Changes in Rigor, Relevance, and Student Learning in Redesigned High Schools

The Bill & Melinda Gates Foundation’s national high school grants initiative is based on the premise that America’s high schools are neither designed nor equipped to meet the needs of today’s youth. While some secondary students are doing college-preparatory or even college-level work, others languish in remedial courses. Many students have difficulty seeing the relevance of what they are taught in high school to either their present or their future lives. The impersonal environment of traditional comprehensive high schools provides fertile ground for social cliques, bullying, and disaffection. Teachers who see 150 or more students a day have trouble remembering their students’ names, let alone their individual learning needs. 

Across the country, many high school students fall through the cracks, just putting in time or dropping out. Little more than half of the African-American and Latino youth who start ninth grade finish high school with a diploma (Swanson, 2004). Fewer than a quarter of these students are ready to enter higher education without the need for remedial work (Greene & Forster, 2003). The vision prompting the last major reshaping of U.S. secondary schools—that of a large, efficient high school that would promote equity by bringing together students from diverse backgrounds and offering a comprehensive set of courses—has clearly fallen short of its goal for many students, especially traditionally underserved students from high-poverty urban communities.

The foundation believes that to better serve these students, high schools need to become places that combine rigor in the academic program for every student (not just those in an honors or higher track) with relevance to their real lives and potential career opportunities, supported by positive relationships that can inspire students both academically and personally (Bill & Melinda Gates Foundation, 2005).

To this end, the foundation launched its national high school reform work in 2000–01 with the award of grants to 12 nonprofit organizations charged with creating high schools that would embody these ideals. Some of the schools were to be created from scratch with a newly assembled school staff. Many of these new schools are small, often with no more than 100 students per grade. Among these schools, several were trying to replicate model schools that the foundation identified as succeeding with hard-to-serve youth. Most began operating with just a ninth grade, planning to add a new grade in each of the next three years. Schools are also being created through the redesign of existing comprehensive high schools into multiple small, independent schools or small learning communities (the distinction being that the latter have somewhat less autonomy and generally share a campus-level principal). The foundation continues to refine its strategy by addressing the roles of states, districts, and local communities in education reform. As part of a larger evaluation carried out by the American Institutes for Research (AIR) and SRI International between 2001 and 2007, this study examines the rigor and relevance of assignments given by teachers and the quality of student work in foundation-supported schools. Last year’s report on this study compared the quality of teacher assignments and student work between the new schools created from scratch and traditional large high schools (AIR/SRI, 2006). This report focuses on the changes in the quality of teacher assignments and student work in 12 large high schools from the year prior to redesign to 2 years after redesign. We seek to understand whether these redesigned schools provide more challenging learning opportunities for students and, if they do, whether students rise to the challenge to produce high-quality student work.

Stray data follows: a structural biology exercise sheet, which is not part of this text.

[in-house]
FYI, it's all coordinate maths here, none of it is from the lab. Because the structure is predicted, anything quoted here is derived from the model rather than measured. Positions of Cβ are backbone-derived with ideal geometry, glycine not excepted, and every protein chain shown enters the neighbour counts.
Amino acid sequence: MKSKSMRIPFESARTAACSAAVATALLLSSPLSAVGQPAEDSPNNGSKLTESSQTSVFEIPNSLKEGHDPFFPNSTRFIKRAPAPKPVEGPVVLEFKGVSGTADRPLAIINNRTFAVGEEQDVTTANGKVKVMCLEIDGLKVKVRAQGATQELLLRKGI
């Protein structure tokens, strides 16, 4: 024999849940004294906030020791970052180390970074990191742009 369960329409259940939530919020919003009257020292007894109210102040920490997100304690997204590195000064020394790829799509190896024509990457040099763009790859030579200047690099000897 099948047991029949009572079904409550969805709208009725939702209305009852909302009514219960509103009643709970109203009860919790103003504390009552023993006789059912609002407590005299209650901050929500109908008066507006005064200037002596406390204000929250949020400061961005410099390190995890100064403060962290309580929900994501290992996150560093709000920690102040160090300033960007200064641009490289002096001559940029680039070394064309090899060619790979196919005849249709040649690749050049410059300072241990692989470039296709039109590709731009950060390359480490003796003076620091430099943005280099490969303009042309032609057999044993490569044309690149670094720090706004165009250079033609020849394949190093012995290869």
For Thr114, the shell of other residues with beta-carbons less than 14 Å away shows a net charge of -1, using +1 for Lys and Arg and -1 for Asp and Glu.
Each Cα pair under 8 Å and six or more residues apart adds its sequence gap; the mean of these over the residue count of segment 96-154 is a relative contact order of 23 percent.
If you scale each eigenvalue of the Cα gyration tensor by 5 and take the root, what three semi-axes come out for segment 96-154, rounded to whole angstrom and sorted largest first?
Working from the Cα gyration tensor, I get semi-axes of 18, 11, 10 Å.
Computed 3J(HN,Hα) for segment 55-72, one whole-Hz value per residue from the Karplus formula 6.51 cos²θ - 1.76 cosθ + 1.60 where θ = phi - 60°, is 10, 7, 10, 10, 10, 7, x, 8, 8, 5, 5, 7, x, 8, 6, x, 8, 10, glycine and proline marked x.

Specifically, the following research questions are addressed in this report:  

RQ1: To what extent do assignments become more rigorous and relevant after large high schools are redesigned into small learning communities? 

RQ2: To what extent does student work quality improve after large high schools are redesigned into small learning communities? 

RQ3: To what extent is student work quality associated with the rigor and relevance of assignments? 

RQ4: To what extent are test scores associated with the quality of student work?